Cool, I've covered some of the basics to nutritionally maintain skin health. Did you learn anything new? Anything cool? Make sure to tune in for more Begin From Within posts that are coming soon. Expect coverage on goal-specific nutrition, naturopathic lifestyle modifications, and naturopathic topical treatments for common skin complaints and conditions. To find out when posts are up, make sure to follow my instagram.
If you need any professional guidance on what supplements to get or what therapeutic diets to do, come swing by Jupiter Naturopathic Wellness. I can formulate a hyper-personalized wellness ritual geared towards 1) healing inner imbalances and 2) directly targeting the skin to promote skin health so that you get a one-two punch with you treatment. With your personalized treatment plan, I may also recommend IV nutrient therapy and prescribe natural topical treatments to speed up the process of healing your skin and inner imbalances. So, if you're interested in healing from within, check out my booking page for details on how to schedule an appointment with me and what to expect at your first visit.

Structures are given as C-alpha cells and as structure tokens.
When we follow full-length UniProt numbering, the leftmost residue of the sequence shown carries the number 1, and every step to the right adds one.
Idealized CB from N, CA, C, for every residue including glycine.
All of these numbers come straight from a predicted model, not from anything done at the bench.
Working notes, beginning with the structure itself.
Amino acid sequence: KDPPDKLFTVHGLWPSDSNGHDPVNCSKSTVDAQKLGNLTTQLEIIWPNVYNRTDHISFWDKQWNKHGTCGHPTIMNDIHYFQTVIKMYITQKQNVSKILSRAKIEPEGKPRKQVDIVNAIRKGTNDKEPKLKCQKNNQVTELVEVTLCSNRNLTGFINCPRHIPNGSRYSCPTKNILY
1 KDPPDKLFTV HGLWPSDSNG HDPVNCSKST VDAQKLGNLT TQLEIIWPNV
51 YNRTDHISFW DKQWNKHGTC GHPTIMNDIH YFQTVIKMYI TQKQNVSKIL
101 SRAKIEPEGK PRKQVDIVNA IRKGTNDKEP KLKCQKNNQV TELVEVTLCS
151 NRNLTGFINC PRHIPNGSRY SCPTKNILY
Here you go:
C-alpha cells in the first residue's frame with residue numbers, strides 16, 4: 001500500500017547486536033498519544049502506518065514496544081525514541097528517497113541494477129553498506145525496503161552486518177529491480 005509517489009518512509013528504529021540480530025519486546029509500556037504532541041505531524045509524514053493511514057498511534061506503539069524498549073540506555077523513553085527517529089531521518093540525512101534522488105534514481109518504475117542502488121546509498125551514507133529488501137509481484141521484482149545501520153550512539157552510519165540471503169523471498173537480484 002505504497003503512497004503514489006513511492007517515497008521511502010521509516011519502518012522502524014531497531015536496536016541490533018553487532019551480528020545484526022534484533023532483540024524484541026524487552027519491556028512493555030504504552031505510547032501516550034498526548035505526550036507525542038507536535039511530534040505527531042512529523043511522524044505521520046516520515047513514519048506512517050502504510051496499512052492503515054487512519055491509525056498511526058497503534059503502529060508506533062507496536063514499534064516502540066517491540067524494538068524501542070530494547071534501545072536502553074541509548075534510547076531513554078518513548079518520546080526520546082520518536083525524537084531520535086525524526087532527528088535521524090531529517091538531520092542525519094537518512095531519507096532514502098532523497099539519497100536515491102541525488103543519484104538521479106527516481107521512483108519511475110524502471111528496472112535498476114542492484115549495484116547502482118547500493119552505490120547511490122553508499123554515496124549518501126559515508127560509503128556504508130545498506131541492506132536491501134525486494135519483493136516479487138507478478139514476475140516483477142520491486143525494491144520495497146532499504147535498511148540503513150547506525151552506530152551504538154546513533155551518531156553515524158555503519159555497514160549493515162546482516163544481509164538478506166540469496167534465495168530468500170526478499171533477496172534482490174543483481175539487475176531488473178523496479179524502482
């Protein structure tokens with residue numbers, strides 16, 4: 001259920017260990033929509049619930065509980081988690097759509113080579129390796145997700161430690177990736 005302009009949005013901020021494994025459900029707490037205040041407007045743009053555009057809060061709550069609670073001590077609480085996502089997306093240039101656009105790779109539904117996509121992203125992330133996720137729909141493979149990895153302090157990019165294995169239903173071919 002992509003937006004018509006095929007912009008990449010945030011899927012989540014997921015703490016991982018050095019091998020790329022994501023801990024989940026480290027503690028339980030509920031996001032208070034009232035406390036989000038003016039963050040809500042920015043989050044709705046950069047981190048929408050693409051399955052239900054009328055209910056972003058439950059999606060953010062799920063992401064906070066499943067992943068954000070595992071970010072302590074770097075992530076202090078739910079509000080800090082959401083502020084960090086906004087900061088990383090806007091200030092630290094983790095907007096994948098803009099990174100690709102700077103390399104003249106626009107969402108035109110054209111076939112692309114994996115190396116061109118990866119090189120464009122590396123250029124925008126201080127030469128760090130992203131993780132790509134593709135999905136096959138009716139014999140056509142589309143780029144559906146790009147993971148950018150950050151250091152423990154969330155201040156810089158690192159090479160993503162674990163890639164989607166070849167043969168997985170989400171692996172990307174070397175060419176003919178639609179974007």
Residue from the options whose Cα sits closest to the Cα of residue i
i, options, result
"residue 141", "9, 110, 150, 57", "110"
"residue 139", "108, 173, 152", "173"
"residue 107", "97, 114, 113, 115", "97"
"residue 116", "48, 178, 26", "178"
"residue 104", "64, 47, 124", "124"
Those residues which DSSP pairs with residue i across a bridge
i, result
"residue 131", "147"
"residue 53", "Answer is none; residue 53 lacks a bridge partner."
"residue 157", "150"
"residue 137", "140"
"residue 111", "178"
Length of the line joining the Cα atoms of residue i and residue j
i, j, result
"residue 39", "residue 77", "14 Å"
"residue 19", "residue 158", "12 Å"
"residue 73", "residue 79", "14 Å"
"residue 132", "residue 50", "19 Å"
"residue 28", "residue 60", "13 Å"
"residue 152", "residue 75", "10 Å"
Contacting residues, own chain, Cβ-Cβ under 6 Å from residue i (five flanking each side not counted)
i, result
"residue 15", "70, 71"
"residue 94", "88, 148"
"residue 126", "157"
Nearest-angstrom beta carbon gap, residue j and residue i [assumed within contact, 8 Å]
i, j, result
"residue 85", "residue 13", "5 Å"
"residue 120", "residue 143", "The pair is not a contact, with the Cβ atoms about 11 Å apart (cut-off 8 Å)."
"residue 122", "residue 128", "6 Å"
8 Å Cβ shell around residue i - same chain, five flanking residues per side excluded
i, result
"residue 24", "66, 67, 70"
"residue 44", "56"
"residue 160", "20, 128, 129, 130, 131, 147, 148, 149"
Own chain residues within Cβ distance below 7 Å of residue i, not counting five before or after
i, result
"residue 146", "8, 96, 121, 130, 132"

Until the next time, I hope you enjoy living naturopathically.
- Dr. B
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Nematy, Mohsen, et al. “A Review on Nutrition and Skin Aging.” Iranian Journal of Dermatology, vol. 18, no. 1, 2015, pp. 20–24.
Owczarek, Danuta. “Diet and Nutritional Factors in Inflammatory Bowel Diseases.” World Journal of Gastroenterology, vol. 22, no. 3, 2016, p. 895., doi:10.3748/wjg.v22.i3.895.
Park, Kyungho. “Role of Micronutrients in Skin Health and Function.” Biomolecules & Therapeutics, vol. 23, no. 3, 2015, pp. 207–217., doi:10.4062/biomolther.2015.003.
Pullar, Juliet M., Anitra C. Carr, and Margreet C. M. Vissers. “The Roles of Vitamin C in Skin Health.” Nutrients 9.8 (2017): 866. PMC. Web. 23 Dec. 2017.
DISCLAIMER: These statements have not been evaluated by the Food and Drug Administration. There are no financial ties to any supplement companies, pharmaceutical companies, or to any of the products mentioned in this post. This post is not meant to treat, cure, prevent, or diagnose conditions or diseases and is meant for educational purposes. As always, please consult your doctor before trying any new treatments or supplements.